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Ackland Art Museum one of many arts institutions hit hard by budget cuts

Graphic: Ackland Art Museum one of many arts institutions hit hard by budget cuts (Alexis Balinski)

When it comes to university budgets in a struggling economy, the arts are among the first to go.

And the Ackland Art Museum is no exception. Since 2008, the University’s financial support for the museum has decreased by about $250,000, making it one of the hardest-hit institutions at UNC.

Now, the museum is coping with the changing economy while trying to emphasize the importance of a neglected institution.

“We’re definitely staying afloat,” said museum director Emily Kass. “We’re not sinking.”

“I don’t know any nonprofit organization — or business for that matter — that says it’s been sailing smoothly in this economy,” Kass said.

But what the Ackland needs now, more than just funds and donors, is awareness about how the museum operates, she said.

“It’s really important for students to understand how institutions in their community — in this case, the community of the University — are funded,” Kass said. “A lot of people assume that a majority of our funding comes from the state, but that’s not true.”

For the current fiscal year, UNC allocated $823,000 for the Ackland, 36 percent of the museum’s total funding, which primarily pays for salaries and benefits.

David Winslow, president of Winston-Salem’s Winslow Group, Inc., said that his fundraising consulting firm has been challenged with a de-prioritization of nonprofits in arts and culture.

He said museums and orchestras have been especially hard hit.

“A lot of arts organizations are trying to simply hang on, and they’re not even thinking about expanding or raising money,” Winslow said. “People are looking into supporting primarily what you call basic human services, and the arts is not perceived as one.”

Kass said she understands the need to prioritize emergency and social services, but the educational value a museum like the Ackland offers cannot be underplayed.

“We have, anticipating the cuts, eliminated some positions and cut back on some positions,” Kass said. “We had to move money around and scale back over time.”

For the museum, that means fewer curators and less administrative support, Kass said. Ackland also lost funds for development and information technology staff.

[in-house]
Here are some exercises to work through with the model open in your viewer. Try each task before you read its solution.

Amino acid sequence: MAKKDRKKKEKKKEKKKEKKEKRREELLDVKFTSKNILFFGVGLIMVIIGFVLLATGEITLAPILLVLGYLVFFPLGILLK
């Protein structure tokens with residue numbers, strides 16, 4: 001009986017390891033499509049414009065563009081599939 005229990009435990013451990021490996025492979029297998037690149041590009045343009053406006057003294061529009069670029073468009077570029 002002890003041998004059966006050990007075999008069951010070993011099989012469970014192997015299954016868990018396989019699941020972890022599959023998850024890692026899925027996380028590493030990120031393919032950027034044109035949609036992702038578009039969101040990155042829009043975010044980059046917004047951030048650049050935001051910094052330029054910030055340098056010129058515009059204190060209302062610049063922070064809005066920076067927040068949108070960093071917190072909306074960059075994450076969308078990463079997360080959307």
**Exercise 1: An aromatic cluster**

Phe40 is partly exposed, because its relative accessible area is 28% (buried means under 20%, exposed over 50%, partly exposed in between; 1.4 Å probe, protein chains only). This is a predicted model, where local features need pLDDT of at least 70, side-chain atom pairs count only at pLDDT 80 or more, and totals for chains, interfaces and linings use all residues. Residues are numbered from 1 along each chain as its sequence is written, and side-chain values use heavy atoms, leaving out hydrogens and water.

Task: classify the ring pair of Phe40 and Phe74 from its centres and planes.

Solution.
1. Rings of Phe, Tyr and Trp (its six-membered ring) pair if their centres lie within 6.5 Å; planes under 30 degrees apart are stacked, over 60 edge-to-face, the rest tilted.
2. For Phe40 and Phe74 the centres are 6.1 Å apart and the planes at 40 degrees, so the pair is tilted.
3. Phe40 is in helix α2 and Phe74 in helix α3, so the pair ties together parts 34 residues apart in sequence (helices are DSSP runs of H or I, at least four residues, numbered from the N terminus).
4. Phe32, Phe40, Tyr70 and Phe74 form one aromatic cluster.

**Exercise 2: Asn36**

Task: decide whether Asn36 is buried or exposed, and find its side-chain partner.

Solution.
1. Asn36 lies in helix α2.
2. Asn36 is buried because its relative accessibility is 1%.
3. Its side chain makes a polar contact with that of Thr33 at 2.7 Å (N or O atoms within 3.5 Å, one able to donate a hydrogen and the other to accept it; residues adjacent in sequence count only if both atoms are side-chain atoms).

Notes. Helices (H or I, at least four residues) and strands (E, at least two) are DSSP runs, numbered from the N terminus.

Membership and annual funds account for 17 percent of the Ackland’s budget. With dwindling support from the University, charitable giving is increasingly prominent in keeping the museum open.

“Roughly 40 percent of the income this year comes from philanthropy, not including the income from trusts and endowments, which themselves were charitable gifts,” Kass said in an email.

“All of the art in the collection came by way of philanthropy gifts of art or gifts of acquisition funds — no state funds were used to build the collection.”

But charitable giving, too, has changed with the economy.

Todd Cohen, editor and publisher of Philanthropy Journal, said nonprofits now have to adapt to the more demanding donor.

“People who do give are being much more selective about who they give to, and also what they expect in return,” Cohen said.

Donations haven’t only changed in volume.

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“What charities love, whether they’re big organizations like universities or soup kitchens, (is) what’s called unrestricted gifts,” Cohen said.

“That means, ‘Here’s the money, use it any way you want. Pay your bills, pay for the electricity, pay your staff, start a new program, hire a new person — whatever.’”

Cohen said that fundraising is now more about establishing personal relationships.

The Ackland’s upcoming Black & White Gala, its main fundraising event for the year, is catering to specific groups to do just that.

The largest donors — giving anything more than $500 — are being rewarded with a private catered reception at the museum.

Last November’s gala brought in $20,000 for the museum.

“The arts aren’t an isolated phenomenon,” Kass said. “It’s oftentimes a way for people to understand the world, to understand history – even to get by in school.

“Whether it’s creating a drawing or a painting or writing a song or singing, it’s part of this whole way of learning and looking at the world.”

Contact the Arts Editor at